There was, in the middle- and later-1990s, a real moment of optimism that maybe Iran was going to reform spontaneously [and] maybe the present theocratic regime could find in itself the resources to reform. ... For all that was wrong with the election that brought Khatami to power -- remember, in that same election, it was by no means a free election; there were 234, I believe, candidates who were told they were not allowed to run -- Khatami was the least-repressive choice. And the people chose him. And there's great optimism about that.

But since then, the situation in Iran has become steadily worse, [and] that has had economic implications for Iranians and it has [had] foreign policy implications. ... The Iranian state chose worse. And that is the fate that Iran has brought on itself. ...

There may be individual Americans who want to do business with Iran; I don't know. There is a network of sanctions that says what people can do and what they can't. But the real restraint on American and international involvement in [the] Iranian economy are Iran's own laws. A society in which life is not safe and property is not safe, a society where law is not respected, in which murder is an ordinary tool of state -- that's not a society that is going to be very successful in opening up to the world market and persuading the world to come in [and] invest, do business, bring technology.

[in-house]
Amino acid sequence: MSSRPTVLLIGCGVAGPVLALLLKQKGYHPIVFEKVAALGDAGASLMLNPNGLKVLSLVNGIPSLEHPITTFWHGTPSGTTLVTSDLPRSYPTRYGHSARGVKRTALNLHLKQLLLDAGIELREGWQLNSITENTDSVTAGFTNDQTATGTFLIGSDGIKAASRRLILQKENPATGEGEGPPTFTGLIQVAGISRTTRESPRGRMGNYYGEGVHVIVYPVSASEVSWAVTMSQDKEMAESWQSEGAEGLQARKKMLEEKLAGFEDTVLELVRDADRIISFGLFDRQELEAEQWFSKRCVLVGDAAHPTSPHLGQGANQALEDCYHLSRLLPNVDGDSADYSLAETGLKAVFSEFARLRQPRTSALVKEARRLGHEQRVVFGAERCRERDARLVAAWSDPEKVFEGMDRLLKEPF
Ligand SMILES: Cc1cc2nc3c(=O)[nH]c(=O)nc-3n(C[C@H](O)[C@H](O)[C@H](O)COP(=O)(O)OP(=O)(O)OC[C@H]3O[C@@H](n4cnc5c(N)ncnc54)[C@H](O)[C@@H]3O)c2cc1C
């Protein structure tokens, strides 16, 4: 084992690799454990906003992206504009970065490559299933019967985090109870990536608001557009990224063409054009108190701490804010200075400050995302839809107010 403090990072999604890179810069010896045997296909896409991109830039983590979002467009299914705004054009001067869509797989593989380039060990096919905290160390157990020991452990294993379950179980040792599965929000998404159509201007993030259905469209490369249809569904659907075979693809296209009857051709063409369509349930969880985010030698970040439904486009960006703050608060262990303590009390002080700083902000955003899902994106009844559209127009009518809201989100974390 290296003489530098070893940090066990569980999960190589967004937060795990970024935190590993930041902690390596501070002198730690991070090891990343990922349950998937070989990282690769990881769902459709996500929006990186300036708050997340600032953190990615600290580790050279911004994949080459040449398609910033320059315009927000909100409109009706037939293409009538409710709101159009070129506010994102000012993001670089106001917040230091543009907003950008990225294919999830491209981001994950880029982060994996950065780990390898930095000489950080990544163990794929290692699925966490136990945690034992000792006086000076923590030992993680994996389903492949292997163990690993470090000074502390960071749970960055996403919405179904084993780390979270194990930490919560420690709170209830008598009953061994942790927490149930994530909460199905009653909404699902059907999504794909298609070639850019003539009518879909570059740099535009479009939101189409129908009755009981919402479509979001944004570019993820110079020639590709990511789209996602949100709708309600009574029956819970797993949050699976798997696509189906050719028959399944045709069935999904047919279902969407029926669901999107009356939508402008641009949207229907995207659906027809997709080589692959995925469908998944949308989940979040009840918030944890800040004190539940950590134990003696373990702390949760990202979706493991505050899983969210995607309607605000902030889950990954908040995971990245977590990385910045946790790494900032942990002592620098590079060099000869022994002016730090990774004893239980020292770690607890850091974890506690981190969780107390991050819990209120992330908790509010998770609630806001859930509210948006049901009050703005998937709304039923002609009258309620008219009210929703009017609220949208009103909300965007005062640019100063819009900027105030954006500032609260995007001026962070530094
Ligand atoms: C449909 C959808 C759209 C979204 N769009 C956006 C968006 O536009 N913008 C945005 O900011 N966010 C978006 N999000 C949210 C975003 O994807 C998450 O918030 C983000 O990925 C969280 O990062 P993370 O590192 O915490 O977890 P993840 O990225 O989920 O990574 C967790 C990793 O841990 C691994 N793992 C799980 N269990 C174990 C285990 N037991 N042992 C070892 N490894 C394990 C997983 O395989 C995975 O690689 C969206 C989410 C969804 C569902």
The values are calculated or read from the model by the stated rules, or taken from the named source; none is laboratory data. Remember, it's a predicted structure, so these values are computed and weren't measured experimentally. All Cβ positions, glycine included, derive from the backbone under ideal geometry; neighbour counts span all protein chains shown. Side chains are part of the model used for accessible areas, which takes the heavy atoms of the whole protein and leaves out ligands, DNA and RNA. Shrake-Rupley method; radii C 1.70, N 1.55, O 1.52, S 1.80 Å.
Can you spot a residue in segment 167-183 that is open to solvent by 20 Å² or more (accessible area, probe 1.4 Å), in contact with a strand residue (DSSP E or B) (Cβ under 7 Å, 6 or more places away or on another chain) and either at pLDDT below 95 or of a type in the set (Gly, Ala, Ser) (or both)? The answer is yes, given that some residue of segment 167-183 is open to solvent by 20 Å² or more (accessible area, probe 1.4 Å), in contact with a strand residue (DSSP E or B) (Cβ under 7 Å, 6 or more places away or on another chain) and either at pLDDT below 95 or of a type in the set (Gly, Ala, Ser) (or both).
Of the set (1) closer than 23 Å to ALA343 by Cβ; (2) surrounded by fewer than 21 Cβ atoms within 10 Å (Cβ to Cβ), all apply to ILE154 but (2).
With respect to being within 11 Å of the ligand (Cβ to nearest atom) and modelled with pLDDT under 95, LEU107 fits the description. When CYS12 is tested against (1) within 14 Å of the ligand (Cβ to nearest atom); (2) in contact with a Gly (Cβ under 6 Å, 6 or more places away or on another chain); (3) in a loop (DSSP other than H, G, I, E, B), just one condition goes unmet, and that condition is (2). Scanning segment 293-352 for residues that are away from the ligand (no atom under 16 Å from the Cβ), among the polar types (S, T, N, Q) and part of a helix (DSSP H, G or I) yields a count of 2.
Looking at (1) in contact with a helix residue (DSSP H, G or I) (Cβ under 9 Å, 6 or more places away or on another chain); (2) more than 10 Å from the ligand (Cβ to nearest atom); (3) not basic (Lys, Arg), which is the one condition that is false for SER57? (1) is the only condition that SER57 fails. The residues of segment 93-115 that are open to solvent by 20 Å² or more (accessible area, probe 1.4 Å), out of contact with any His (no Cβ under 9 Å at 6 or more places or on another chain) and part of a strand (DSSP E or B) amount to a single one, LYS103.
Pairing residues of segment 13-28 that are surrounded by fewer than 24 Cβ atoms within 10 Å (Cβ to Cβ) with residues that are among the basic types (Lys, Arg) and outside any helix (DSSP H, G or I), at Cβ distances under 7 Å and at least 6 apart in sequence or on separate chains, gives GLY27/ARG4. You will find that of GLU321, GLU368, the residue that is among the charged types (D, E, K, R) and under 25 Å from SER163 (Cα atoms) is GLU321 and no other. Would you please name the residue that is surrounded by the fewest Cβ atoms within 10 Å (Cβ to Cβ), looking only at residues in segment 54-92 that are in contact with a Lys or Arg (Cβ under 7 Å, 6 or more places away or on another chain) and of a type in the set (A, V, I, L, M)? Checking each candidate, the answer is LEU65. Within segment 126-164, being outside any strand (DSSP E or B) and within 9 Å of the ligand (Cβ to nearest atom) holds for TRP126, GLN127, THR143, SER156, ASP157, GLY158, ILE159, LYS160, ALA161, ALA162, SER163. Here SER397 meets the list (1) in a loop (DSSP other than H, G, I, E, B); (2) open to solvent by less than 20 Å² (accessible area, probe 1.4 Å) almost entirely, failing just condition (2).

If Cheney as a citizen and businessman lobbied for the exclusion of Iran from the oil embargo, lobbied for the exclusion of Iran [and] Syria from other sanctions, has Dick Cheney changed his mind?

I don't know.

Well, he must have. ...

I just don't know the answer to that.

Saudi Arabia has been identified as a major supporter of an organization like Hamas, which is probably more involved in terror than any other organization we can think of right now, and yet we see no sanctions against Saudi Arabia. How do you explain what seems to be a contradiction [in this administration's policies]?

I think I can explain it in two ways. The first is, for the Saudi Arabian government, murder is not a tool of foreign policy. The individuals, Saudi Arabians, may support, sometimes even unknowingly, murderous organizations. And the Saudi Arabian government has not always been a strong voice in condemning terrorism as it should be. That's a very different thing from yourself being deeply implicated in murder as a tool of state, as the Iranian government is. ...

The Bush doctrine on terrorism is a serious proposition, and it's going to define his presidency. It governs his conduct, and all governments in the world should know that and should act accordingly.